Coping with the loss of a loved one is never an easy endeavor, and when young children lose a parent, the impact becomes an even greater burden. Guardianship in California can be tricky without a well-established plan for who should take custody of a child after their parent passes away. Estate planning is a vital responsibility for those with children under the age of majority.
Custodial and non-custodial parents
At the time of birth for an unmarried couple, or the time of divorce of a married couple, a custodial parent is typically established. The custodial parent is responsible for long-term living arrangements, medical care and educational needs. They are the primary decision-makers for daily activities.
Upon the death of a custodial parent, child custody will be determined by a last will and testament. If the custodial parent has not documented their wishes, children may become the responsibility of one or more of the following:
- Non-custodial parent
- Other family member
- Close friend
- Child welfare organization
Child custody planning
To prevent uncertainty in child custody cases, parents should take the time now to plan ahead for the future. Obviously, child custody should not be left to chance. Despite the importance of this sense of security, many parents fail to adequately record their preferences. This lack of planning could result in less-than-ideal child custody arrangements. The best way for parents to avoid unpleasant living conditions or costly custody battles is to properly document their wishes.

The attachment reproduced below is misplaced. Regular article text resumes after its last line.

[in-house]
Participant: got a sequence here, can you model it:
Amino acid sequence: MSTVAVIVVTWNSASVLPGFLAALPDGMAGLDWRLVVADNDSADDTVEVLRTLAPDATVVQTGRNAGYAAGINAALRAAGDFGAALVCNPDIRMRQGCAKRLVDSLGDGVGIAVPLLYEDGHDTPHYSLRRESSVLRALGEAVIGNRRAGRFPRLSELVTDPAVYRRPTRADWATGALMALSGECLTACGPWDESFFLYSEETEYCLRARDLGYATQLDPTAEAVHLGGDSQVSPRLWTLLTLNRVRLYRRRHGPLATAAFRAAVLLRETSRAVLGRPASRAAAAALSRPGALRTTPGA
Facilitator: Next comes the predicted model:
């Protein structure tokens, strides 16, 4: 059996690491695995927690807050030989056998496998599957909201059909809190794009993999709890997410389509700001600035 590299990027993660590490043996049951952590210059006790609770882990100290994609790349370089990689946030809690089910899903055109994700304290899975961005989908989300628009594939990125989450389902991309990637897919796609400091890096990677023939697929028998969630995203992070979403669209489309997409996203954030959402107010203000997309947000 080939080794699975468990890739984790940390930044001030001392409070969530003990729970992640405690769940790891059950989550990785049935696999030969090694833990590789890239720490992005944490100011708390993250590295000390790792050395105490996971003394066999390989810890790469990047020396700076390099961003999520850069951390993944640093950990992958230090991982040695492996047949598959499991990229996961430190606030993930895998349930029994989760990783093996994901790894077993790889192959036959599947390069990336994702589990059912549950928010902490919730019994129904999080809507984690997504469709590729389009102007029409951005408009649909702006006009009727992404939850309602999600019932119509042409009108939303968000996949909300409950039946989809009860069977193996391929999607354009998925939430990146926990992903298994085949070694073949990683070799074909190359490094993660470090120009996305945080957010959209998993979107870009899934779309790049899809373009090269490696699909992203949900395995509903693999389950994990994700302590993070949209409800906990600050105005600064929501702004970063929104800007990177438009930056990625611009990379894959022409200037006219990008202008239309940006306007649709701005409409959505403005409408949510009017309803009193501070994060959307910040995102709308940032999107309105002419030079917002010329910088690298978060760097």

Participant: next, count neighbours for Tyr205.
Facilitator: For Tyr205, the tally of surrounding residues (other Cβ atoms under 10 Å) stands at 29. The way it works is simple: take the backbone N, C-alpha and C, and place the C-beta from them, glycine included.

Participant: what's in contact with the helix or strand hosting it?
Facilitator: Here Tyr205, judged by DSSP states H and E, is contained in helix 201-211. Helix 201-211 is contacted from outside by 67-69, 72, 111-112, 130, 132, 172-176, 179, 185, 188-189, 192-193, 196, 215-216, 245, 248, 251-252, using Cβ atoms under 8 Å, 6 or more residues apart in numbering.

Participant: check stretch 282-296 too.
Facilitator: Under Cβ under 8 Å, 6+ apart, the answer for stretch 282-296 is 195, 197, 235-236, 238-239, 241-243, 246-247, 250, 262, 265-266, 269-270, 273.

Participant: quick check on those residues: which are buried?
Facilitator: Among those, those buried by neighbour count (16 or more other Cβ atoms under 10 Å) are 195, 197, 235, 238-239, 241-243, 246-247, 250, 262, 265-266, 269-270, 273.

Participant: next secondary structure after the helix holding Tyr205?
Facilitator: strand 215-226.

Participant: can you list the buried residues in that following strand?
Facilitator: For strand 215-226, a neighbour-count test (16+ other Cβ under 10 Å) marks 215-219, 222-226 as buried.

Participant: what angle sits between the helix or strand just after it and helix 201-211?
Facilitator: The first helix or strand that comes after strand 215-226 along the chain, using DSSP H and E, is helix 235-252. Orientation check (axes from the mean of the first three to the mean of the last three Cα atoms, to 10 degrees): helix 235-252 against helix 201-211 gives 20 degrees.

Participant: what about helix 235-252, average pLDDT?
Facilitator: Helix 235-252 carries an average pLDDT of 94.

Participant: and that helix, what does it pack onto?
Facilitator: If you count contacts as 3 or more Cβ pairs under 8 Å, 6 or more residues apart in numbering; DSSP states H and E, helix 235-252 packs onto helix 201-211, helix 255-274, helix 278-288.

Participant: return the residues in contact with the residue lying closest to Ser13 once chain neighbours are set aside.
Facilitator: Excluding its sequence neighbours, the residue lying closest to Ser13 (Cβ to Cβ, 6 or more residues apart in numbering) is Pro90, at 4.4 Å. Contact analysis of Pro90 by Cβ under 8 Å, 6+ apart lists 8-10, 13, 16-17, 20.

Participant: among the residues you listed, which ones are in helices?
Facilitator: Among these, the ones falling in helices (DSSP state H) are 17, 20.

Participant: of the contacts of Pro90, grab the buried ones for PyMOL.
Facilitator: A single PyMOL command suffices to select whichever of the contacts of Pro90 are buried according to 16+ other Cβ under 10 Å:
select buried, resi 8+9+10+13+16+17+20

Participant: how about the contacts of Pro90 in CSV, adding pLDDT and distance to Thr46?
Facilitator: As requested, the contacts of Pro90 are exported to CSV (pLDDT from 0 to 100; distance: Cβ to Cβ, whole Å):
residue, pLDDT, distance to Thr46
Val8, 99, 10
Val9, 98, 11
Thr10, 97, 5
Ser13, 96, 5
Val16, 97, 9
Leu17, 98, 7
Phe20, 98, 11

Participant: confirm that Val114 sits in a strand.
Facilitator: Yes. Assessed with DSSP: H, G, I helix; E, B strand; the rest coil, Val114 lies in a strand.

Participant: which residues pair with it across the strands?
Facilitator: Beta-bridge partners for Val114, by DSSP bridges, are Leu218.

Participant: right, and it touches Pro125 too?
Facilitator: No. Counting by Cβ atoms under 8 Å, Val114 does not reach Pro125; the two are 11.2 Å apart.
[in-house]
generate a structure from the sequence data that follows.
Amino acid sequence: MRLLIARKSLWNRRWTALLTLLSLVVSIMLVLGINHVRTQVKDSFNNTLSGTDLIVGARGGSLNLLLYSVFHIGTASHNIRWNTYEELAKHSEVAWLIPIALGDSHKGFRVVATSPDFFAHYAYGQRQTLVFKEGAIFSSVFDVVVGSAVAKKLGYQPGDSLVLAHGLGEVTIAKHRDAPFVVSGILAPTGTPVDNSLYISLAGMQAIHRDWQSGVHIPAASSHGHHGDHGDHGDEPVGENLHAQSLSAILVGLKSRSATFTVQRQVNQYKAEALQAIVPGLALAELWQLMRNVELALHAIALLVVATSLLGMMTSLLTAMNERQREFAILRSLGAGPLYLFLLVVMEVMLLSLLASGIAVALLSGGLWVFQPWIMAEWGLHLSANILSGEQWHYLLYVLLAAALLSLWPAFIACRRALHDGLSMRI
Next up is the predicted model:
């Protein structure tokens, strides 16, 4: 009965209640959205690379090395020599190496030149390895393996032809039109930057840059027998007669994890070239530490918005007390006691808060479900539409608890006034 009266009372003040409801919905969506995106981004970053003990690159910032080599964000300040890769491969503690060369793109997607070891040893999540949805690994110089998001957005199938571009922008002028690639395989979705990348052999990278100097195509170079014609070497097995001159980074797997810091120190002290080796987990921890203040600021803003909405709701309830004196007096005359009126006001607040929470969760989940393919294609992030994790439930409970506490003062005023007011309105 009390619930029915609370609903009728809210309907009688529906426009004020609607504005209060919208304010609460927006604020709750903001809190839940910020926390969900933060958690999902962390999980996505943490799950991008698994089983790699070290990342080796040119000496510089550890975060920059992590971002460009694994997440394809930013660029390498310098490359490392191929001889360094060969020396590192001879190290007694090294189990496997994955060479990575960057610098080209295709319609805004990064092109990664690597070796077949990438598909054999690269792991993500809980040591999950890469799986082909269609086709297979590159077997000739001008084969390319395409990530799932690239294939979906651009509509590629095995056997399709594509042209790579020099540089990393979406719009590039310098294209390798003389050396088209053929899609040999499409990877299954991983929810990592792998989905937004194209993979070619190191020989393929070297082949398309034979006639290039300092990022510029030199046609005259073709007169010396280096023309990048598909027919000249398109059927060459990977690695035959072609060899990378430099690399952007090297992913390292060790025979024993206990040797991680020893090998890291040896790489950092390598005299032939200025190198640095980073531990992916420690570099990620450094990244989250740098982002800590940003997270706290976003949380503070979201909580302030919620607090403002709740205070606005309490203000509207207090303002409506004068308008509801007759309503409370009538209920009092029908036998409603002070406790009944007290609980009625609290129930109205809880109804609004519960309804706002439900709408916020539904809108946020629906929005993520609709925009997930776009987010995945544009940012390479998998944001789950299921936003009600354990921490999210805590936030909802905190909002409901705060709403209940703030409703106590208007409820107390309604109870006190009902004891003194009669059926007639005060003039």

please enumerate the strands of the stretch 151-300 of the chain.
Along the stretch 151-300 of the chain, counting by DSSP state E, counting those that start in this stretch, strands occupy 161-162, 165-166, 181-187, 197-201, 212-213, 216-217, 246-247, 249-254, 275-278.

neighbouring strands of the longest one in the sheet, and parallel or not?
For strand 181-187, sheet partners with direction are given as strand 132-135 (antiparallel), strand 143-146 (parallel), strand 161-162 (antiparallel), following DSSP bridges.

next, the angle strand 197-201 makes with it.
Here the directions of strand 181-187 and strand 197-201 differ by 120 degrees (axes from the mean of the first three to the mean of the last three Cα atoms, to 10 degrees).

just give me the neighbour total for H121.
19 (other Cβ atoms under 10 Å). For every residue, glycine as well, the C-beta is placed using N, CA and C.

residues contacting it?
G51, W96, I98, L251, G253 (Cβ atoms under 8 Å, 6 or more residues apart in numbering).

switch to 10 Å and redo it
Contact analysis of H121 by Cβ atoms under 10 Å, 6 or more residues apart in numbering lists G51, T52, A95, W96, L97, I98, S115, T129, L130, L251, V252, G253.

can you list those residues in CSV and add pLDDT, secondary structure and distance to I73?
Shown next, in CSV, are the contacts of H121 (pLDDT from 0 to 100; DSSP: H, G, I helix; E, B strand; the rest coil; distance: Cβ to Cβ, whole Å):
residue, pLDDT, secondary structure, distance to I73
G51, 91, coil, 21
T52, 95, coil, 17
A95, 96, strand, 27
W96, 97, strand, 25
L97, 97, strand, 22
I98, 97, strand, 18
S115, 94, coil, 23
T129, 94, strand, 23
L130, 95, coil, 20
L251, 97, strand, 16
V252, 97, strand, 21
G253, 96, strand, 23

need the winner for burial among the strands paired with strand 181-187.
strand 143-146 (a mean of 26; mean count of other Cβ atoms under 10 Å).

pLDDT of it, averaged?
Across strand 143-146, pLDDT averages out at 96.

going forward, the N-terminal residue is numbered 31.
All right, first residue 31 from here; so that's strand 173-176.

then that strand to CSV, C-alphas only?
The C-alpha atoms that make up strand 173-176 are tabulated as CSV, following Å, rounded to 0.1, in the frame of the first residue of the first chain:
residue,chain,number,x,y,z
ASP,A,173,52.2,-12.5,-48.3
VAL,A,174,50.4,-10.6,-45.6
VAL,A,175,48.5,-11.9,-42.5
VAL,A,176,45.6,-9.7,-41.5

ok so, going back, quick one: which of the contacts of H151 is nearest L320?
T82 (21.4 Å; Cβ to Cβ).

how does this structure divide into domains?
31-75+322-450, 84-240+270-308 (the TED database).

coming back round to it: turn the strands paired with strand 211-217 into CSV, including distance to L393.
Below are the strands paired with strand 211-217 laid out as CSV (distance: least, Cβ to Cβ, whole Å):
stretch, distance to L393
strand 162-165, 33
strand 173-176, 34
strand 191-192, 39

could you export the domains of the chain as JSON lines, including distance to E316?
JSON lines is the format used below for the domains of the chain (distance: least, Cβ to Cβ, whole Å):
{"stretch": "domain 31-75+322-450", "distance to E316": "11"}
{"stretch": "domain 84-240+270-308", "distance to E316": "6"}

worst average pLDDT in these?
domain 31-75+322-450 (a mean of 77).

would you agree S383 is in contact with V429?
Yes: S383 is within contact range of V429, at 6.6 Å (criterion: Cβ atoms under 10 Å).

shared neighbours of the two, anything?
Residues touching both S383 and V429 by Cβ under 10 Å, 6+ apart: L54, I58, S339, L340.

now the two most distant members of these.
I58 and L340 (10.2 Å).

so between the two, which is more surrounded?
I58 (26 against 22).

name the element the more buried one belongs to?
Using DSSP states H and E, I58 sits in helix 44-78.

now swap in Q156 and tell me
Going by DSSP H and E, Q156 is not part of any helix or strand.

Family law guidelines vary by state, and custodial parents may have to consider where their children will live. If the custodial parent passes away in California but wants their child to be taken care of by a close relative in another state, there may be special considerations. A lawyer with experience in such situations may be able to provide guidance.